The rain falls steadily on the Su­ma­tran tigers; an un­apolo­getic Pa­cific North West driz­zle that speck­les the ele­phants and the tapirs and the por­cu­pines at Ta­coma’s Point De­fi­ance Zoo. “That’s you, Alan,” Mike Hadreas says to his boyfriend, Alan Wyf­fels, as they stand be­fore the en­clo­sure. Wyf­fels de­murs. The tiger yawns. Rain pat­ters the hoods of their wa­ter­proof jack­ets. Hadreas, a slight, pale, na­tive North Westerner, is bet­ter known as Perfume Genius, a song­writer who emerged seven years ago with Learn­ing, a col­lec­tion of del­i­cate home record­ings that tack­led a num­ber of painful sub­jects – drugs, de­pres­sion, and the tale of Mr Peter­son, a high school teacher who woos a young pupil and later com­mits sui­cide. In the years since, Hadreas has re­leased two fur­ther al­bums, Put Your Back N 2 It and Too Bright, and his im­mense gift for sto­ry­telling and con­fes­sional song­writ­ing has evolved into some­thing more ro­bust, at times strik­ing a tone that is ag­gres­sive and force­ful and pop-driven – though still res­o­nant. As a per­former, too, he is no longer the fear­ful knot of limbs be­hind a pi­ano but a fine-cos­tumed com­man­der of the stage, the will­ing star of the promo video who has per­formed on Let­ter­man and sound­tracked Prada ad­verts. Hadreas’s per­cep­tion of him­self, how­ever – his sex­u­al­ity, sub­stance abuse, in­tense strug­gles with self-im­age – has re­mained at the core of much of his song­writ­ing. On his new al­bum, No Shape, for in­stance, he sings on one track of how death brings the blessed re­lief of fi­nally be­ing free from your body, and in the time we spend to­gether he will make fre­quent de­risory com­ments about his own ap­pear­ance – his skin, his face, his physique. At the zoo, Hadreas de­cided that if Wyf­fels, with his chis­elled good looks and phys­i­cal ease, was a Su­ma­tran tiger,tiger then he him­self was a yel­low­head jaw­fish – a small, pearles­cent crea­ture that bur­rows into the ocean floor, spit­ting out rocks as he goes. Hadreas liked him so much he took a video on his phone. Hadreas and Wyf­fels, a clas­si­cally trained pi­anist who is an in­te­gral part of Hadreas’s band and mu­sic, live not far from here in Ta­coma, Wash­ing­ton – Seat­tle’s less ritzy neigh­bour, where the streets are quiet and the property prices low. They keep a pretty, pale yel­low house on the cor­ner of a sub­ur­ban street, the rooms dec­o­rated in a gen­tle kind of kitsch – paint­ings of owls, tchotchkes and porce­lain kit­tens, and where their chi­huahua, Wanda, clit­ter-clat­ters her way across the floor to bark up a fe­ro­cious storm when we en­ter. “She loves drama,” says Hadreas, af­fec­tion­ately, and scoops her up. This house played an im­por­tant role in the mak­ing of the new al­bum, Hadreas ex­plains as we sit drink­ing green tea in the back gar­den, where the grass has run long, and above the fence lies a view of next door’s cherry blos­som and an omi­nous sky. The ben­e­fit of liv­ing in a de­tached house and “not shar­ing walls” means his mu­sic has grown louder and more ex­per­i­men­tal, but the other dis­cov­ery has been how iso­lated liv­ing in the suburbs can be. “When I go walk to the store or some­thing, I don’t see any­one,” he says. “It feels very soli­tary. And some­times that can be paralysing. But I think I found a way to use it – I think some of the things I wrote about I was closer to be­cause I was so far away from ev­ery­one else.” It gave him time and space, he says. “And it was very lux­u­ri­ous to be able to think so deeply about your­self and your prob­lems and your emo­tions.” The re­sult of all that con­tem­pla­tion is quite dif­fer­ent to pre­vi­ous Perfume Genius al­bums. No Shape is a record that con­sid­ers a calm, quiet life in a pale yel­low house, and the emo­tional volatil­ity that still some­how per­sists: the songs turn from eu­phoric to dis­en­chanted to dis­traught, echo­ing Hadreas’s own shift­ing moods. “You kind of re­alise that things you thought would be taken care of when your cir­cum­stances changed, haven’t,” he says, re­fer­ring to the de­pres­sion he hoped might lift once he got sober and had fame and suc­cess and love. “You re­alise how much of it is just wiring. It’s just chem­i­cal. Be­cause, ob­jec­tively, there isn’t a prob­lem, but you feel very much like there’s a big prob­lem.” Even as a child grow­ing up in Seat­tle, Hadreas re­calls be­ing filled with the same per­vad­ing sense of “dread”, though he has made a cer­tain peace with it now. “It’s led to me hav­ing stranger thoughts and more fun thought pat­terns,” he ar­gues. “In a way, it’s made things more mag­i­cal be­cause I can turn into some­thing su­per­nat­u­ral some­times.” He sits qui­etly for a mo­ment, and a light wind whips fresh rain across the gar­den. “I think what I don’t like is, es­sen­tially, when it feels like I have things I haven’t dealt with buzzing around,” he says. There is a strange dis­ap­point­ment, he adds, in go­ing to ther­apy and find­ing your­self cry­ing about some­thing as pre­dictable and pro­saic as your fam­ily. “I don’t like how ba­sic that is. If I have prob­lems I want them to be re­ally crazy ones, or re­ally unique. I think that’s my big­gest fear, when I’m re­ally left alone, that there’s re­ally noth­ing spe­cial there.” The rain is heav­ier now, and we head back in­side – through the screen door and up the stairs to the loft space. All through the sum­mer, when the heat rose to make the loft un­bear­ably hot, Hadreas wrote the bulk of the new al­bum here, as if sim­mer­ing the wild thoughts and con­fu­sions into some sort of essence. “When I’m writ­ing I feel very smart, very pa­tient,” he says. “Or the op­po­site – con­nected, and wild. It just feels like what­ever buzzing noise has gone and I’m right close to the core thing. I don’t al­ways know what it is, but it’s a very spir­i­tual feel­ing some­times.” He is still sur­prised by how much dark­ness falls out of him. “It’s es­sen­tially just drama and I en­joy do­ing it,” he con­cedes. “But it can sea­son my day and my brain for a while if I make some­thing icky.” Still, he will seek out books, movies, au­topsy re­ports, any­thing to feed the cold, dark feel­ing. “And I try to fig­ure out why I keep go­ing there all the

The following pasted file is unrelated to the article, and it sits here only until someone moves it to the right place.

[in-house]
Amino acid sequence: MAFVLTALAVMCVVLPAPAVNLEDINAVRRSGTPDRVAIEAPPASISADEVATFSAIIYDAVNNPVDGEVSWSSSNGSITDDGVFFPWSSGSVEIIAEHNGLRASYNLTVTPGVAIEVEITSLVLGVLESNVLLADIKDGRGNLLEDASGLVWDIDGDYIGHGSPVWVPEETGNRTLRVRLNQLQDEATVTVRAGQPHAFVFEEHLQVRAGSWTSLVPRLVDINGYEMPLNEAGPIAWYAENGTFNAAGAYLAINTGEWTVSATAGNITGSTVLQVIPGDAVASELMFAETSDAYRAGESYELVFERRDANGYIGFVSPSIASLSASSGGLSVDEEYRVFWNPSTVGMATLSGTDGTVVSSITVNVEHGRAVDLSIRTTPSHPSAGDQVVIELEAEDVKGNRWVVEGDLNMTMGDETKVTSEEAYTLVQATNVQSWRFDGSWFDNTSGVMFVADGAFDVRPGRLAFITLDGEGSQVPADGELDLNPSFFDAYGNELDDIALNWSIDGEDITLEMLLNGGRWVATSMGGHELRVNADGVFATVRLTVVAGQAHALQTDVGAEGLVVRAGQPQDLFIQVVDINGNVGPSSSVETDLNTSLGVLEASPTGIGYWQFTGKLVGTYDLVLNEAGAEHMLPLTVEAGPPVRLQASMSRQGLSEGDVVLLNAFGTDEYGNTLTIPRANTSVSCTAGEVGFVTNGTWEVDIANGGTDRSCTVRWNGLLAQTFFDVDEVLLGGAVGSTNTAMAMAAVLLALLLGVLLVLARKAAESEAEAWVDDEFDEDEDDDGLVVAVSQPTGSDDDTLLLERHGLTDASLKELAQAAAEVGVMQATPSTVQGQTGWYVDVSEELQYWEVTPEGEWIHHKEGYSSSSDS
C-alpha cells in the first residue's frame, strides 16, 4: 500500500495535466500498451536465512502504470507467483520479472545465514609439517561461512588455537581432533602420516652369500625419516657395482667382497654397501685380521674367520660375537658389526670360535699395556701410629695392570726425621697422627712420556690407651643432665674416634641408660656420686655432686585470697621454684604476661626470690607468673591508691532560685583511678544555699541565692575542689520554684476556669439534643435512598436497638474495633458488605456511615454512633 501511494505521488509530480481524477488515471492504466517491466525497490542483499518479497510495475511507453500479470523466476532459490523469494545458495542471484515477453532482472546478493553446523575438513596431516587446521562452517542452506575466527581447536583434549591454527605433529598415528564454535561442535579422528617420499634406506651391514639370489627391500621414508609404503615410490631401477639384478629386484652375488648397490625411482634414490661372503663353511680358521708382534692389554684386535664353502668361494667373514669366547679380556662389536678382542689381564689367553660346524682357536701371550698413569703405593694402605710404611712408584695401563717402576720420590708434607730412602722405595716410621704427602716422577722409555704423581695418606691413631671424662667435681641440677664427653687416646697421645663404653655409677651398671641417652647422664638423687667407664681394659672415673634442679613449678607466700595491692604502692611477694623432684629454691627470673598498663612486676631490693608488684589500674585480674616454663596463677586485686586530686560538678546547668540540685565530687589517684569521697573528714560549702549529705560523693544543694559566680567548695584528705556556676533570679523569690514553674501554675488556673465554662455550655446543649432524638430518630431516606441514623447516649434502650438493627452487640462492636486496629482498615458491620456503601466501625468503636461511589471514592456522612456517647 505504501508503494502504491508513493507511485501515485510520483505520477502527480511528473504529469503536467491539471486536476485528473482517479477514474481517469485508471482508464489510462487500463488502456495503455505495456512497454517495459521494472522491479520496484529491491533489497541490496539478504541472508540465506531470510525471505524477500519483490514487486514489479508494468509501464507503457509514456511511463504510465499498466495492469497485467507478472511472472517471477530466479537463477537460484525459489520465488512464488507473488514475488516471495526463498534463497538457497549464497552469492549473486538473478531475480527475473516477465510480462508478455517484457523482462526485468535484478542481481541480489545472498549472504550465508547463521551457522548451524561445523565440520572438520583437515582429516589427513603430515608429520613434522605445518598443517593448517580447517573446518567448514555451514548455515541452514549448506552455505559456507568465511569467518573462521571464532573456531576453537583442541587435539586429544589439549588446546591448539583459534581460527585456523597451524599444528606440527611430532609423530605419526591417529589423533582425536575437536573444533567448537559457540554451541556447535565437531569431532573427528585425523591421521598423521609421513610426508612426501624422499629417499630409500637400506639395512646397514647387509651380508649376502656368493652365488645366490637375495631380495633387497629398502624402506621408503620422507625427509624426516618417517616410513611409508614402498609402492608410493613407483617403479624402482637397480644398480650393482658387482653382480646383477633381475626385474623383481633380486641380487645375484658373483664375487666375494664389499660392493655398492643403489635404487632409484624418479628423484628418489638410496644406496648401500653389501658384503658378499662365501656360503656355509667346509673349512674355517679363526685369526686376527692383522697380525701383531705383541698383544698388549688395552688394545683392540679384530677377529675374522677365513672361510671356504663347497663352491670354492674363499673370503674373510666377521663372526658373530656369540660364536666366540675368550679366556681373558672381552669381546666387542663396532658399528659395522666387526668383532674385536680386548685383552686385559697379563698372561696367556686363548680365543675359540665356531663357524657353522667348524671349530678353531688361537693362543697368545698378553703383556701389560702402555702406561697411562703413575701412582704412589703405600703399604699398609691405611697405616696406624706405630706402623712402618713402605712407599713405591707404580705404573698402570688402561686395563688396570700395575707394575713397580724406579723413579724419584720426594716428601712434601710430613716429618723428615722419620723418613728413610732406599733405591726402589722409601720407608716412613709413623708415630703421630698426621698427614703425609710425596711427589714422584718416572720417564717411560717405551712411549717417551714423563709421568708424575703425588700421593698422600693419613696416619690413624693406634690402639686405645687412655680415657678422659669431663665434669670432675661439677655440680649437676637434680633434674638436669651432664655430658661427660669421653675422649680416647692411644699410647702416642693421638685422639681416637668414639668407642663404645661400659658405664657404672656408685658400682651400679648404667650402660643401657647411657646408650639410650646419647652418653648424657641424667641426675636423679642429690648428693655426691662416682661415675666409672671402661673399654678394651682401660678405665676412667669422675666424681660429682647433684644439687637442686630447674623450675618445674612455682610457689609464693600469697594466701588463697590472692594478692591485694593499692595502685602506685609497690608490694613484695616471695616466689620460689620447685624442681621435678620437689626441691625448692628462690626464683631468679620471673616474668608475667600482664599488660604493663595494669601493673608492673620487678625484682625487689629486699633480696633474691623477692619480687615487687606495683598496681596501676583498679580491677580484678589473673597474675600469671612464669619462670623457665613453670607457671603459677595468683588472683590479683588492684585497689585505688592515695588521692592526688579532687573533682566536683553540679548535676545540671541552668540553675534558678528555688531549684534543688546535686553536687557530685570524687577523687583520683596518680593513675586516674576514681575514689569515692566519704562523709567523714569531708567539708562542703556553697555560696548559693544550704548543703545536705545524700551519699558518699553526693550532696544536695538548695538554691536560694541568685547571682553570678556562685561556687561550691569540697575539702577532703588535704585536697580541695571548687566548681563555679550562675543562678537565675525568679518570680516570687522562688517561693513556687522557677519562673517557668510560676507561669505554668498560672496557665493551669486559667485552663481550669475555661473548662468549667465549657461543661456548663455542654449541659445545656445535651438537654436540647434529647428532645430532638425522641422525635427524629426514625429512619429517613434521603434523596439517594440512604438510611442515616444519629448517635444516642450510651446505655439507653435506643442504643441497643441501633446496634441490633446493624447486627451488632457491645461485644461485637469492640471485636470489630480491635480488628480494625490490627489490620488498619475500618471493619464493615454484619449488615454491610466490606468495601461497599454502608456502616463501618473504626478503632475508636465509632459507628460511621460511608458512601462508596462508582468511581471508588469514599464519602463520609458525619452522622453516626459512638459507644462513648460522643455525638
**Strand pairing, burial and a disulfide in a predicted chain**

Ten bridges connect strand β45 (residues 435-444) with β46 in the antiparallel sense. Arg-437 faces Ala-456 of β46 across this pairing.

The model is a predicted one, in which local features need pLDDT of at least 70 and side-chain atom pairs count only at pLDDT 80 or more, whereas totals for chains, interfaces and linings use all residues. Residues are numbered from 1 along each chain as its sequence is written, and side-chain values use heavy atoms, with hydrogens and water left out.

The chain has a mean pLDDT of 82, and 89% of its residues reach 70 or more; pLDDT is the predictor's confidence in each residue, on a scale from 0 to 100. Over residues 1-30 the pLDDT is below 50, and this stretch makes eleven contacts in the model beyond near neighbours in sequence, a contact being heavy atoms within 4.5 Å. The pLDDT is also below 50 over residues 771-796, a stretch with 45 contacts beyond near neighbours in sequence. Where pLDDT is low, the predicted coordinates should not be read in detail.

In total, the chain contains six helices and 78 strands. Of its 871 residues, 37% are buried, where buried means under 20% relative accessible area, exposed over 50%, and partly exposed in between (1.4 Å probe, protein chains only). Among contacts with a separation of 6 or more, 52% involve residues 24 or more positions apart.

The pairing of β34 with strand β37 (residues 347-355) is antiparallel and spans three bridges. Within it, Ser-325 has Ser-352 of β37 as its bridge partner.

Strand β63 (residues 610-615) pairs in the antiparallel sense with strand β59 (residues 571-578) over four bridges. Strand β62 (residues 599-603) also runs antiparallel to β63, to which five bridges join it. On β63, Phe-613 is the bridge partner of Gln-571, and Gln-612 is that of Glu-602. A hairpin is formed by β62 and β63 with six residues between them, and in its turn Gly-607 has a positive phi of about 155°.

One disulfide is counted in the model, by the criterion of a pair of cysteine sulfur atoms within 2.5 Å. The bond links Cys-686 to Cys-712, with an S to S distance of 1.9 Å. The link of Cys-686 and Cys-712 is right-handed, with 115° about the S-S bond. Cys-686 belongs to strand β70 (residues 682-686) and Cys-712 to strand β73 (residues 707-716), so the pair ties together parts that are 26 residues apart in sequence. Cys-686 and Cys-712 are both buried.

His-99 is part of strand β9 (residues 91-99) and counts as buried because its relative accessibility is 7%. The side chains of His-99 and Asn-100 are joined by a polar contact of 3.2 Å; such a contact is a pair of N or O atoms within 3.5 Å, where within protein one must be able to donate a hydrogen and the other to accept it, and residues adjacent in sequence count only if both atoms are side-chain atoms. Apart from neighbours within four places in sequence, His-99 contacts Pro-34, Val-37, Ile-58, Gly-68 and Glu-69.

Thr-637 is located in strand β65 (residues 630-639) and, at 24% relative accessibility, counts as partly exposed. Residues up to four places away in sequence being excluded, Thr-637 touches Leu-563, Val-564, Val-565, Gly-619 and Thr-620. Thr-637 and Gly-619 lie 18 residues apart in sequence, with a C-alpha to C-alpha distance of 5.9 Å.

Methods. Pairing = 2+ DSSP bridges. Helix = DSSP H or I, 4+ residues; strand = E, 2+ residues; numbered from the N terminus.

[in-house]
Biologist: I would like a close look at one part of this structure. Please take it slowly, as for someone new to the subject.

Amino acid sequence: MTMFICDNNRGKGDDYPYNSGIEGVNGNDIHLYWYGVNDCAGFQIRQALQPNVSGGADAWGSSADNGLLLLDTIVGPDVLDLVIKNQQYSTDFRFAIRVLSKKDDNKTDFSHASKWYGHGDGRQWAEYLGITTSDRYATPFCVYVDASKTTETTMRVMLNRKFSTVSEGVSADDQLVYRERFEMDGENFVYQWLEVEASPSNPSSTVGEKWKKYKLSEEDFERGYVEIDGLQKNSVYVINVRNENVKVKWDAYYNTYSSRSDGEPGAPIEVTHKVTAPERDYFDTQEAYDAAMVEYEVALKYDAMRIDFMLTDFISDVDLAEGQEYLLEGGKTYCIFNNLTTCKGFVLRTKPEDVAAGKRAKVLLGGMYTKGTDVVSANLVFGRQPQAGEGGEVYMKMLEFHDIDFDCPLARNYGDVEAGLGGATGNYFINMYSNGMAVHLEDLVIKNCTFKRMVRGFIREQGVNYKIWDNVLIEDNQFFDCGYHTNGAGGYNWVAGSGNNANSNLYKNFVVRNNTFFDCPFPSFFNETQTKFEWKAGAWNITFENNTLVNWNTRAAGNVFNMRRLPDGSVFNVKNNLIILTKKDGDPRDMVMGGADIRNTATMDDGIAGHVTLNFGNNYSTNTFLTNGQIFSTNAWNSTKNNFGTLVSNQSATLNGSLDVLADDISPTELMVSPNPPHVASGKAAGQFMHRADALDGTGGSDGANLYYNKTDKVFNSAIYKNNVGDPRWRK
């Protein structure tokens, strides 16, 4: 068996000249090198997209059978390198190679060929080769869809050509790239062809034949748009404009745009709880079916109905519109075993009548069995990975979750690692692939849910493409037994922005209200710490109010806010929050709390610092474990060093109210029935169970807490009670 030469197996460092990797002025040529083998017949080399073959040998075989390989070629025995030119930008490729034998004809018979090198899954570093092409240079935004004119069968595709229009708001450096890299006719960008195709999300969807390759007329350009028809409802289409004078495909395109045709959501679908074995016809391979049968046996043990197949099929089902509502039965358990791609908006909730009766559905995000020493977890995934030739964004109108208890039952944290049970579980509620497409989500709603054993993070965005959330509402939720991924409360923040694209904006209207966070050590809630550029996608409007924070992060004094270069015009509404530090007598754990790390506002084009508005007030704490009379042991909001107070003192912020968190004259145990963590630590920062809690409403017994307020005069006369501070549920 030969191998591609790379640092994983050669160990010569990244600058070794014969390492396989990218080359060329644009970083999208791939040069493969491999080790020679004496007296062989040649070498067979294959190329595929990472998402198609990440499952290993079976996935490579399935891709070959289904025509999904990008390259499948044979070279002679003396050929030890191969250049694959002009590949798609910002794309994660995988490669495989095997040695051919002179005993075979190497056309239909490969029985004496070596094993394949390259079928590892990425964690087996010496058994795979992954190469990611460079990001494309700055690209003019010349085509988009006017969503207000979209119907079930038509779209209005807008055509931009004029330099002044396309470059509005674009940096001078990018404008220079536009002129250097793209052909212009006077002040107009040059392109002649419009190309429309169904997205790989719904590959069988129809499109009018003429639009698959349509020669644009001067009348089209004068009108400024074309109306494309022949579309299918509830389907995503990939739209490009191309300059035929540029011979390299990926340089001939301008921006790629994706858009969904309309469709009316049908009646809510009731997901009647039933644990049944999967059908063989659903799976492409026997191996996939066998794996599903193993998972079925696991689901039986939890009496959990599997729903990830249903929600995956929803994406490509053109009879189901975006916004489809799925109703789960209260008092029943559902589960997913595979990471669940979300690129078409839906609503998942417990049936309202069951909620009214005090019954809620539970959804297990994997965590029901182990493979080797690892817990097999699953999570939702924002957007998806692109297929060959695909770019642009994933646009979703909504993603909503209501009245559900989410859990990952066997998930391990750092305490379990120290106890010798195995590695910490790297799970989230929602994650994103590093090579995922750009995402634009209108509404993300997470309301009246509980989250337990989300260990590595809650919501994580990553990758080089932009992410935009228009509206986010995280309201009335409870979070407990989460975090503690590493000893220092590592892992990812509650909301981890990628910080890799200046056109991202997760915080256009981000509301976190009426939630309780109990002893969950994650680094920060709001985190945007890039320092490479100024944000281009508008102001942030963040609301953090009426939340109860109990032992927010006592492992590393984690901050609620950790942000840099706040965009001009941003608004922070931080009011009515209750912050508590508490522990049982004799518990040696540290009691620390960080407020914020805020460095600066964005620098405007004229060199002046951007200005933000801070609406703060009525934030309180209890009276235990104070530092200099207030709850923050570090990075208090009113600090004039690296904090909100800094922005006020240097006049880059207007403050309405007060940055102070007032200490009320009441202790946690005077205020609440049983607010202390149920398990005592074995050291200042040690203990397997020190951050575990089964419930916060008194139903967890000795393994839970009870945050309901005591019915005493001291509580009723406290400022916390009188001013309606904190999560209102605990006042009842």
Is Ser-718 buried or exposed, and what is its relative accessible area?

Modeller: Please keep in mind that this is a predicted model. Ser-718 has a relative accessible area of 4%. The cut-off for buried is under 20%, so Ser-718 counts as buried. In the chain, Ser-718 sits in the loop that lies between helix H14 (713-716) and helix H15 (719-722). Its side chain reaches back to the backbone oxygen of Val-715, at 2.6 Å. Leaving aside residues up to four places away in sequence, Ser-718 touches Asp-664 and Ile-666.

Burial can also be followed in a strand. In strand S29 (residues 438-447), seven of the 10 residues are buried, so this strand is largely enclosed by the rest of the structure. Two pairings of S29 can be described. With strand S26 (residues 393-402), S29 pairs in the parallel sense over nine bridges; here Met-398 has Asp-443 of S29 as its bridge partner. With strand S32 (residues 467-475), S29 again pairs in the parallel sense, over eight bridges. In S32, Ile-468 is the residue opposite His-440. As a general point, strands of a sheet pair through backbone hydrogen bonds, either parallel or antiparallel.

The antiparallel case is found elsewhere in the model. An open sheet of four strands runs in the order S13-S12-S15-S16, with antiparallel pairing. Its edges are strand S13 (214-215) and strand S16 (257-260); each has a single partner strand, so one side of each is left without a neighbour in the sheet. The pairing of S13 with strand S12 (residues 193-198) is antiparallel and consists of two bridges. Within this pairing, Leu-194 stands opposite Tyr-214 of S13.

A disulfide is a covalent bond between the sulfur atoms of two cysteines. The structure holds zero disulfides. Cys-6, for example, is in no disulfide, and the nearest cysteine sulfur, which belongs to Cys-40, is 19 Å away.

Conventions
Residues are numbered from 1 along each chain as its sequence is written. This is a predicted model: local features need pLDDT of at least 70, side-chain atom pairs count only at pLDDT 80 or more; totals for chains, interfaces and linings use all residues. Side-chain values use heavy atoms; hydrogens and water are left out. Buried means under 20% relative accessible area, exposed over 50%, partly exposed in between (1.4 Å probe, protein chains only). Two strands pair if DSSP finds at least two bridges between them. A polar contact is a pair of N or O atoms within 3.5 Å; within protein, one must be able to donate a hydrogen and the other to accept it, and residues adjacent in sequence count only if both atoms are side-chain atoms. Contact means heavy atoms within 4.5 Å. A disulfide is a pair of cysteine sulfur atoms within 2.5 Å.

time,” he says. “I think maybe I’m try­ing to find some soul in some­thing that’s es­sen­tially soul­less.” Yet some of No Shape’s most ar­rest­ing songs are ac­tu­ally mo­ments of bright­ness and ten­der­ness. “They felt more dif­fi­cult, which was why I was try­ing to do it,” Hadreas nods. “It felt more of a chal­lenge to make some­thing warm and sweet, a feel­ing that wasn’t corny or preachy. Ec­static, but not in a de­mon way – more like it feels in your throat when you’re about to cry, but cry in a happy way.” When­ever a movie has given him that same feel­ing it has been “very last­ing”, he says. “And it’s im­por­tant and rare.” I ask him to name such a movie and he alights, un­easily, on Billy El­liot. He smiles sheep­ishly. “So sweet, and kind, you know?” Kind­ness might be said to be the pre­vail­ing qual­ity of No Shape; it’s there be­neath the pop storm of Slip Away, the sul­try drama of Die 4 You, the play­ful, an­gu­lar rhythms of Val­ley, and in abun­dance in the pi­ano-led clos­ing track, Alan. “I’ve re­alised how un­grate­ful I can be,” Hadreas says. “So I wanted to write some songs that es­sen­tially gave kind­ness to the things that I push aside or take for granted be­cause I’m so wrapped up in my own head.”